Homeowners Association

What is a homeowners association (HOA)?

Updated March 11, 2022

A homeowners association, known as an HOA, is a self-governed body that manages the responsibility of planning, maintaining and developing residential communities. These associations are most commonly found in planned developments that may consist of single-family homes, townhouses or condominiums. Homeowners who buy a property that is part of an association automatically become members of the HOA.

“Community associations” and “property owner associations” are different from HOAs because they are umbrella terms to cover any organization geared toward community maintenance and improvement. An HOA is a type of community association.

What do HOAs do?

HOAs can ensure a residential development remains clean and maintains an aesthetic consistency from property to property. Their responsibilities can range from managing utilities and groundskeeping to the finances for development of a building or community space. New homeowners should clarify which responsibilities fall to the HOA—such as garbage pickup and internet service—or to the individual unit owners.

Related Links


Common charges


An HOA board of directors are often elected from the residents living in the community to serve as the governing body that oversees the HOA’s rules and regulations. These board members are typically volunteers, most of whom are not professionally trained in managing real estate. 

The board of directors are responsible for ensuring community bylaws are followed. Many bylaws are driven by desired property aesthetics and can dictate the required length of grass, approved paint colors for front doors or the vehicles that can be parked outside of residences. Others specify if the property is allowed to be rented and which gardening techniques, sprinkler systems or plants can be used in landscaping.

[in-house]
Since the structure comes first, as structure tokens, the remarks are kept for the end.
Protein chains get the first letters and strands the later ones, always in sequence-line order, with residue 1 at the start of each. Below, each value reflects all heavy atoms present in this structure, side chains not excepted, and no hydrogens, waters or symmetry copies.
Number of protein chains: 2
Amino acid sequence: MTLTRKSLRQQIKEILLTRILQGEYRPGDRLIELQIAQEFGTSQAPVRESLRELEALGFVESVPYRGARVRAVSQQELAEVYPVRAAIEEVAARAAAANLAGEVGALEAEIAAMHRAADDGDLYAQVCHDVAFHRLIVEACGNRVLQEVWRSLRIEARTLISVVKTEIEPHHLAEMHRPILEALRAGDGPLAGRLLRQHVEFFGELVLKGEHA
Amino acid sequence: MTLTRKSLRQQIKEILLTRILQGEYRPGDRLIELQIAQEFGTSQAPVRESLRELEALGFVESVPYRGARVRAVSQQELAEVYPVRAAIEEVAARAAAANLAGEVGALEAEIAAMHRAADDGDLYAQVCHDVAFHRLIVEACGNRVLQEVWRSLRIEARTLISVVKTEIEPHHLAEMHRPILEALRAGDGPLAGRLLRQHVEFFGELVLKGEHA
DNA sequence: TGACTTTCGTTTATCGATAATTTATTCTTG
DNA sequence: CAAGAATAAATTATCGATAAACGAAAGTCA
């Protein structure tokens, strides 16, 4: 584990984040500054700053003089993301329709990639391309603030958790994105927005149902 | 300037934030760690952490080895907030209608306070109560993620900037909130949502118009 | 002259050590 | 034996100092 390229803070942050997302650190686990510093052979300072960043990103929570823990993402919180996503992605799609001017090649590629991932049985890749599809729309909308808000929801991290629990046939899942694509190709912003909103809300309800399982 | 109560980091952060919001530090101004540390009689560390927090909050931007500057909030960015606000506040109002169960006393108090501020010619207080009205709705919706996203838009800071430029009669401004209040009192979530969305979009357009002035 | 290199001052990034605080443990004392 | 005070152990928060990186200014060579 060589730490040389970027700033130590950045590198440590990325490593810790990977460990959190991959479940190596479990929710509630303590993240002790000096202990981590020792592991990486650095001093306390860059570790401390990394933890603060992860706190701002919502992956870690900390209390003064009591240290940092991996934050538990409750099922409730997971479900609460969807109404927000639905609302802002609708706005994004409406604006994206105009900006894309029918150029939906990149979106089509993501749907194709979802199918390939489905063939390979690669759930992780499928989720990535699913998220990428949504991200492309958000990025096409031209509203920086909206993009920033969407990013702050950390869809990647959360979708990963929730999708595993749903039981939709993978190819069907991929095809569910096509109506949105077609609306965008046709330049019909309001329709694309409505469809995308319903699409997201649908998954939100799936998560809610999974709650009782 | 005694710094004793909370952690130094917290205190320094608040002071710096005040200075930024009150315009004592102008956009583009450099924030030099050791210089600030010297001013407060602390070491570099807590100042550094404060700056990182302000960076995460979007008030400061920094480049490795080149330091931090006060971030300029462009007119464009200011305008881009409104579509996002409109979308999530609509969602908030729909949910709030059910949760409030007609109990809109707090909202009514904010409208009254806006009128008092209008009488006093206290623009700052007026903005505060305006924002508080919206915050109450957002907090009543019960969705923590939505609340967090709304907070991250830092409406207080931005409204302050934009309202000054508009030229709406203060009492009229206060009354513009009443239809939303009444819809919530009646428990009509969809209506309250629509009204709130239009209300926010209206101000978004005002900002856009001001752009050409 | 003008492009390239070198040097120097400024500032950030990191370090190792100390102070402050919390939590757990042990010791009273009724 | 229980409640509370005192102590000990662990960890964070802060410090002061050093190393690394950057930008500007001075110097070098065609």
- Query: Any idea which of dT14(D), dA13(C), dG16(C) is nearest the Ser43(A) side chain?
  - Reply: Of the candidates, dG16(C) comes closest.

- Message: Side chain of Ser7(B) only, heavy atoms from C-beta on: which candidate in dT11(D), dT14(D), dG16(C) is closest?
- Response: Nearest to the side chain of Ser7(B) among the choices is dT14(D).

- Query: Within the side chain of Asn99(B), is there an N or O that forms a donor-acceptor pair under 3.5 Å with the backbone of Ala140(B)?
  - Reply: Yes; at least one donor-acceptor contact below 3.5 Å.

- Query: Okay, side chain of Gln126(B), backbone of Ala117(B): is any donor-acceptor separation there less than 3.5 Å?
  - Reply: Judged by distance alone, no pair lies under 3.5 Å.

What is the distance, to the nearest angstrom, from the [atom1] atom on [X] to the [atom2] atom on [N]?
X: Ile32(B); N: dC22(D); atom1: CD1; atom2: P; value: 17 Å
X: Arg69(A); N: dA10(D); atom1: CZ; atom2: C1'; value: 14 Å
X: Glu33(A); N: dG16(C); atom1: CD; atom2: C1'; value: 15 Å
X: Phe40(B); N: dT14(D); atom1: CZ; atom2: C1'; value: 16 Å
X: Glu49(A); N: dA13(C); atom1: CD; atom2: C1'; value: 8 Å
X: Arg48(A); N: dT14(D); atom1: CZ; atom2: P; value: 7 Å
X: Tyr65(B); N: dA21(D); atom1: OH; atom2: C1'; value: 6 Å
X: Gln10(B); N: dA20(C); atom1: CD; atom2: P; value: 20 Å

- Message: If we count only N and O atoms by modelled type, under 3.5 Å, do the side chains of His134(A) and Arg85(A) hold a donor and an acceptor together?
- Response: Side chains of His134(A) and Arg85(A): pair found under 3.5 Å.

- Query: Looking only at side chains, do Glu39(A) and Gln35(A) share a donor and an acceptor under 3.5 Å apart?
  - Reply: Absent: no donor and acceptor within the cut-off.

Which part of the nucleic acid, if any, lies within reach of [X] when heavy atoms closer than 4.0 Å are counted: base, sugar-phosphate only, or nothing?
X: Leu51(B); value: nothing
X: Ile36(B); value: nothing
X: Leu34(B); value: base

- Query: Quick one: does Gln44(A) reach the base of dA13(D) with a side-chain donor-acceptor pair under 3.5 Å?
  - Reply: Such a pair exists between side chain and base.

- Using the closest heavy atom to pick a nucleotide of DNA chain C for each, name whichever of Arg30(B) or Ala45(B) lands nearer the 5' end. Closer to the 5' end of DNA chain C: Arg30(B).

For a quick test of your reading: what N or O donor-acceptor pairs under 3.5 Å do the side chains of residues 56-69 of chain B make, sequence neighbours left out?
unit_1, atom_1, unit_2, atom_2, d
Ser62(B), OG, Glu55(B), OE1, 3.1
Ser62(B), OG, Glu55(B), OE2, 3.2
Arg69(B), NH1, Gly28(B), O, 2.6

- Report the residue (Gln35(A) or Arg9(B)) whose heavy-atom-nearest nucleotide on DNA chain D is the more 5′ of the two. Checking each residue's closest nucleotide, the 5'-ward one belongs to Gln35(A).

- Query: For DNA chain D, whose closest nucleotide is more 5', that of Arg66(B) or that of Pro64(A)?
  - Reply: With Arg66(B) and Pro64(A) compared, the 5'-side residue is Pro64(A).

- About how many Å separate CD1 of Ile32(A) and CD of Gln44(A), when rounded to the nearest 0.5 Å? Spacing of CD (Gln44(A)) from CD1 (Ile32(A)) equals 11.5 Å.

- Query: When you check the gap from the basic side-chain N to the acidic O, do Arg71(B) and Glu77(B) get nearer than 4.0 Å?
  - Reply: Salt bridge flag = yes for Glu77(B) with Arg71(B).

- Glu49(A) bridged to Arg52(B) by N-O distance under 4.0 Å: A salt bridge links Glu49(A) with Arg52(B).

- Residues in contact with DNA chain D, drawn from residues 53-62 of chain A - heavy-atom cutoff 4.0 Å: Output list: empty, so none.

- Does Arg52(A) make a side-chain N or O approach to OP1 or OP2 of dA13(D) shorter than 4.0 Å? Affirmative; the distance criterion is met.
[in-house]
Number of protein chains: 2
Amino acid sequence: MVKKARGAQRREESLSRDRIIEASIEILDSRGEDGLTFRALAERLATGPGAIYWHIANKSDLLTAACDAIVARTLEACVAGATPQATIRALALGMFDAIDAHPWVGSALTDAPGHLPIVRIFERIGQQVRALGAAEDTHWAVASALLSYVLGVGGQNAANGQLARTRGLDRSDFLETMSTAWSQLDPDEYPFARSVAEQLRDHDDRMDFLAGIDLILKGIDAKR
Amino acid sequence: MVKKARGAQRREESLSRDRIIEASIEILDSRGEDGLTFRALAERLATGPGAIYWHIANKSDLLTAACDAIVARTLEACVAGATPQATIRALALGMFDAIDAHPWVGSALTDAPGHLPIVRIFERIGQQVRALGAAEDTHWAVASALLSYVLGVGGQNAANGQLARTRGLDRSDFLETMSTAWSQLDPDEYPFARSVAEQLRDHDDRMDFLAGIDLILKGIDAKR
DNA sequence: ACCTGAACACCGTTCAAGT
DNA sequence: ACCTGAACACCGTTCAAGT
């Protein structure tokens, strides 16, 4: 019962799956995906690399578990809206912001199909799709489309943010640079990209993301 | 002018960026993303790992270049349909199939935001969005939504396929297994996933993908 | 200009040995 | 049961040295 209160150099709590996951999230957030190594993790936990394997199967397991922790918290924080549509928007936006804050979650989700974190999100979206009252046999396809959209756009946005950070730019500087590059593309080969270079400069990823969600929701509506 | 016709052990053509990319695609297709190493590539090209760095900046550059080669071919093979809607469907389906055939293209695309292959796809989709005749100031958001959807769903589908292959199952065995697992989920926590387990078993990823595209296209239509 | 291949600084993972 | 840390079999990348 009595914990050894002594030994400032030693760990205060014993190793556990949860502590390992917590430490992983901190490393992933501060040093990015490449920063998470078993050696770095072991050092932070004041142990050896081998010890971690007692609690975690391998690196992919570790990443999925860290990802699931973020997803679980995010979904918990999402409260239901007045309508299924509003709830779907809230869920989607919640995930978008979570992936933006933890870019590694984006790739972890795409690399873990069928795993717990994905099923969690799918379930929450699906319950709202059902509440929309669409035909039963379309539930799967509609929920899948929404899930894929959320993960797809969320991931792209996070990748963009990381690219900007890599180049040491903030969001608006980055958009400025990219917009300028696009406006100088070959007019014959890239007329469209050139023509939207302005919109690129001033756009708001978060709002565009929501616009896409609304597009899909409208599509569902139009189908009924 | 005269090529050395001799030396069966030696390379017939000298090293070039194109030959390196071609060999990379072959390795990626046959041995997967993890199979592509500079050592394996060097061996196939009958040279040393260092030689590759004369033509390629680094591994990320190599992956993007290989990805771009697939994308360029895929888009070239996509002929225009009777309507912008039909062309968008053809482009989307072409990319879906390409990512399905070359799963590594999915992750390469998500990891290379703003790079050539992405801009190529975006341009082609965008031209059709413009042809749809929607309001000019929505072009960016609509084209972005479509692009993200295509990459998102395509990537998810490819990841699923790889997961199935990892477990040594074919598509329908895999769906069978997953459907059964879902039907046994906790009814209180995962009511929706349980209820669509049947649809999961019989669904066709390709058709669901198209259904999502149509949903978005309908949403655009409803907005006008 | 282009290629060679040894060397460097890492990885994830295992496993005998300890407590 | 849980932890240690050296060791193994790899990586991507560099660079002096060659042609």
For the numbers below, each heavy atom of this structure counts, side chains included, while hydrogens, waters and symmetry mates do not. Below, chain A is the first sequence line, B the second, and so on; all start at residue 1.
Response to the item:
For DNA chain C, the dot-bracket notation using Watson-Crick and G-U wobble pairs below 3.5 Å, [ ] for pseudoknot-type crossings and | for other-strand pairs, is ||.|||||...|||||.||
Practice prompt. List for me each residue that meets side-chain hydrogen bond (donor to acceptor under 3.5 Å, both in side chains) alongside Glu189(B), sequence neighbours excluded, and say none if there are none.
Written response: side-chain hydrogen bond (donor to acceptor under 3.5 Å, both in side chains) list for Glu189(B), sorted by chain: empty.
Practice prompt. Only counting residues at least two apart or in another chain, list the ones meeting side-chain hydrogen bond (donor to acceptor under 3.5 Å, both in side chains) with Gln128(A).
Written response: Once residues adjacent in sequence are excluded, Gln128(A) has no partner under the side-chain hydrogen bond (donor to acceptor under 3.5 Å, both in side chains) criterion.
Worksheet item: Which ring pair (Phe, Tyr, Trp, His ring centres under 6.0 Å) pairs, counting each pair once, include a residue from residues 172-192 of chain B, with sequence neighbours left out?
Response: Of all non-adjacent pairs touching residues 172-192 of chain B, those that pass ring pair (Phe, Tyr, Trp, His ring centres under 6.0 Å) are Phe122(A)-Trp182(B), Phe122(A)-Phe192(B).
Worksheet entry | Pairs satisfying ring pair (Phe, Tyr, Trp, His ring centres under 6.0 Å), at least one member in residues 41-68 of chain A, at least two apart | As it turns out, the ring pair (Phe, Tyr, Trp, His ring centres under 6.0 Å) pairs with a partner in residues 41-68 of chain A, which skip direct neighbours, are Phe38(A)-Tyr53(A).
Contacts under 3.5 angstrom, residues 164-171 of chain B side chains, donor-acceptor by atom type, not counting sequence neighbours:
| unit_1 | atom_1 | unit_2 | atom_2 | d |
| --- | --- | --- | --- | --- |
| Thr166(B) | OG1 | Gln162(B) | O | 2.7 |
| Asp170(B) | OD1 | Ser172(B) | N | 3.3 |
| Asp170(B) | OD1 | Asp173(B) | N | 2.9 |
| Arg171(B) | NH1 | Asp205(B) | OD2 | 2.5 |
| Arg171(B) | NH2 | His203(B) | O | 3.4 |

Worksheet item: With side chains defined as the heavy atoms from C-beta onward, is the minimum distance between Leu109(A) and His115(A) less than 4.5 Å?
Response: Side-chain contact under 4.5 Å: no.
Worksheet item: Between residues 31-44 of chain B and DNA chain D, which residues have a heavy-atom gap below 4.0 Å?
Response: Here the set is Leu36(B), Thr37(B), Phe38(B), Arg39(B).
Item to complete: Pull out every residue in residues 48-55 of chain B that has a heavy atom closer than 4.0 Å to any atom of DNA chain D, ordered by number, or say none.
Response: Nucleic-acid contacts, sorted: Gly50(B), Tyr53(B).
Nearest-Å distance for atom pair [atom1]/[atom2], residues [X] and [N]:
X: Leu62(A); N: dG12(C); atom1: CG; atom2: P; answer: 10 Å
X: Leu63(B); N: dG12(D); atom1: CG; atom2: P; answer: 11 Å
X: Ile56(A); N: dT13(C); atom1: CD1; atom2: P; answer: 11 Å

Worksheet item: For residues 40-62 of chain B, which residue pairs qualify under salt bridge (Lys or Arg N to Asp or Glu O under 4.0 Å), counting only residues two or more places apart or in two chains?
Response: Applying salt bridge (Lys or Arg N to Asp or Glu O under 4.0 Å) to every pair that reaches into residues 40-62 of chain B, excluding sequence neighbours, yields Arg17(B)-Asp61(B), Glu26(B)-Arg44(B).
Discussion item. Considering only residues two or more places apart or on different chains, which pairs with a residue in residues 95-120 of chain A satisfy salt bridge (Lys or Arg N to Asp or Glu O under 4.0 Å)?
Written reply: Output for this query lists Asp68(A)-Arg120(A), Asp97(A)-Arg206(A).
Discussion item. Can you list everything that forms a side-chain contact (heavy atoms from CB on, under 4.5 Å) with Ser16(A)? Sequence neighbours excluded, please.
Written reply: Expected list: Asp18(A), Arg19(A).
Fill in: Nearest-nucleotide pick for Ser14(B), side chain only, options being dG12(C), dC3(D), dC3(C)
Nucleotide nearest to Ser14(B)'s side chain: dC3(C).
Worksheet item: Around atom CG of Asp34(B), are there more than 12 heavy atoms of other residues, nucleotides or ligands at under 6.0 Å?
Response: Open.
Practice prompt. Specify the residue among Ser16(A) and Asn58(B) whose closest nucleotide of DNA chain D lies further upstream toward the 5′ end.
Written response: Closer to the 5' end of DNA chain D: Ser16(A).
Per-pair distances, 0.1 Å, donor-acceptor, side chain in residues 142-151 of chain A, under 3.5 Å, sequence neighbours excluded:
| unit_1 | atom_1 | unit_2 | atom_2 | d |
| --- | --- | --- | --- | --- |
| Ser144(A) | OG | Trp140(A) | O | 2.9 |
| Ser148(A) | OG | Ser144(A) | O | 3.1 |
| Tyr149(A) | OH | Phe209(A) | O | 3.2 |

Homeowners within a homeowners association (or HOA) have to pay dues that will take care of communal expenses. Credit: Avi Waxman/Unsplash

The HOA bylaws are often referred to as the covenants, conditions and restrictions (CC&Rs). Buyers should carefully read through the CC&Rs before purchasing a unit or home within an HOA to ensure they are able to abide by the association’s rules. Each association has different penalties for breaking the CC&Rs as well as not paying HOA fees. These penalties can range from monetary fines to a lien being placed on the property.

Homeowners living within an HOA community are required to pay monthly HOA dues to cover maintenance fees and community expenses. These expenses include painting common areas, upkeep of public structures and more. In the U.S. in 2020, the average HOA fee ranged from $100 to $700 per month, with higher fees for developments with more amenities. HOA fees in luxury properties can reach as high as $10,000 a month. In certain states, the HOA can choose to reject a potential buyer if they do not meet the criteria outlined in their bylaws as long as the choice is not deemed discriminatory. 

Higher HOAs can cover such amenities as a pool, tennis court, guarded entrance gate and golf course. Homeowners are responsible for contributing to community amenities whether they plan to utilize them or not. 

In certain associations, fees can vary from unit to unit depending on the amount of upkeep required for the individual property, which can vary due to square footage and location within the development or building. Fees also tend to increase overtime, often in three-to-five-year increments as prices for utilities and maintenance labor increases. The bylaws will stipulate how much an association's fees can increase each year.

In some new developments or condo buildings, the HOA fees are set very low for the first year in order to entice new buyers, and then they increase significantly over time. HOA fees can also decrease over time if more homes or units are added to the association and the HOA’s costs are fixed.

Homeowners in an association may also be required to pay additional fees for special assessments, which arise when major repairs are needed—a new roof for the building, for example—and can be added on to the regular HOA fees. These special assessments can at times cost up to thousands of dollars for each homeowner.

Most realtors can access the HOA fees for a property through multiple listing services. The fees should be compared to that of similar developments or communities in the area to ensure the price is right for the individual buyer. Mortgage lenders also factor the cost of HOA fees as well as property taxes when considering loan approvals.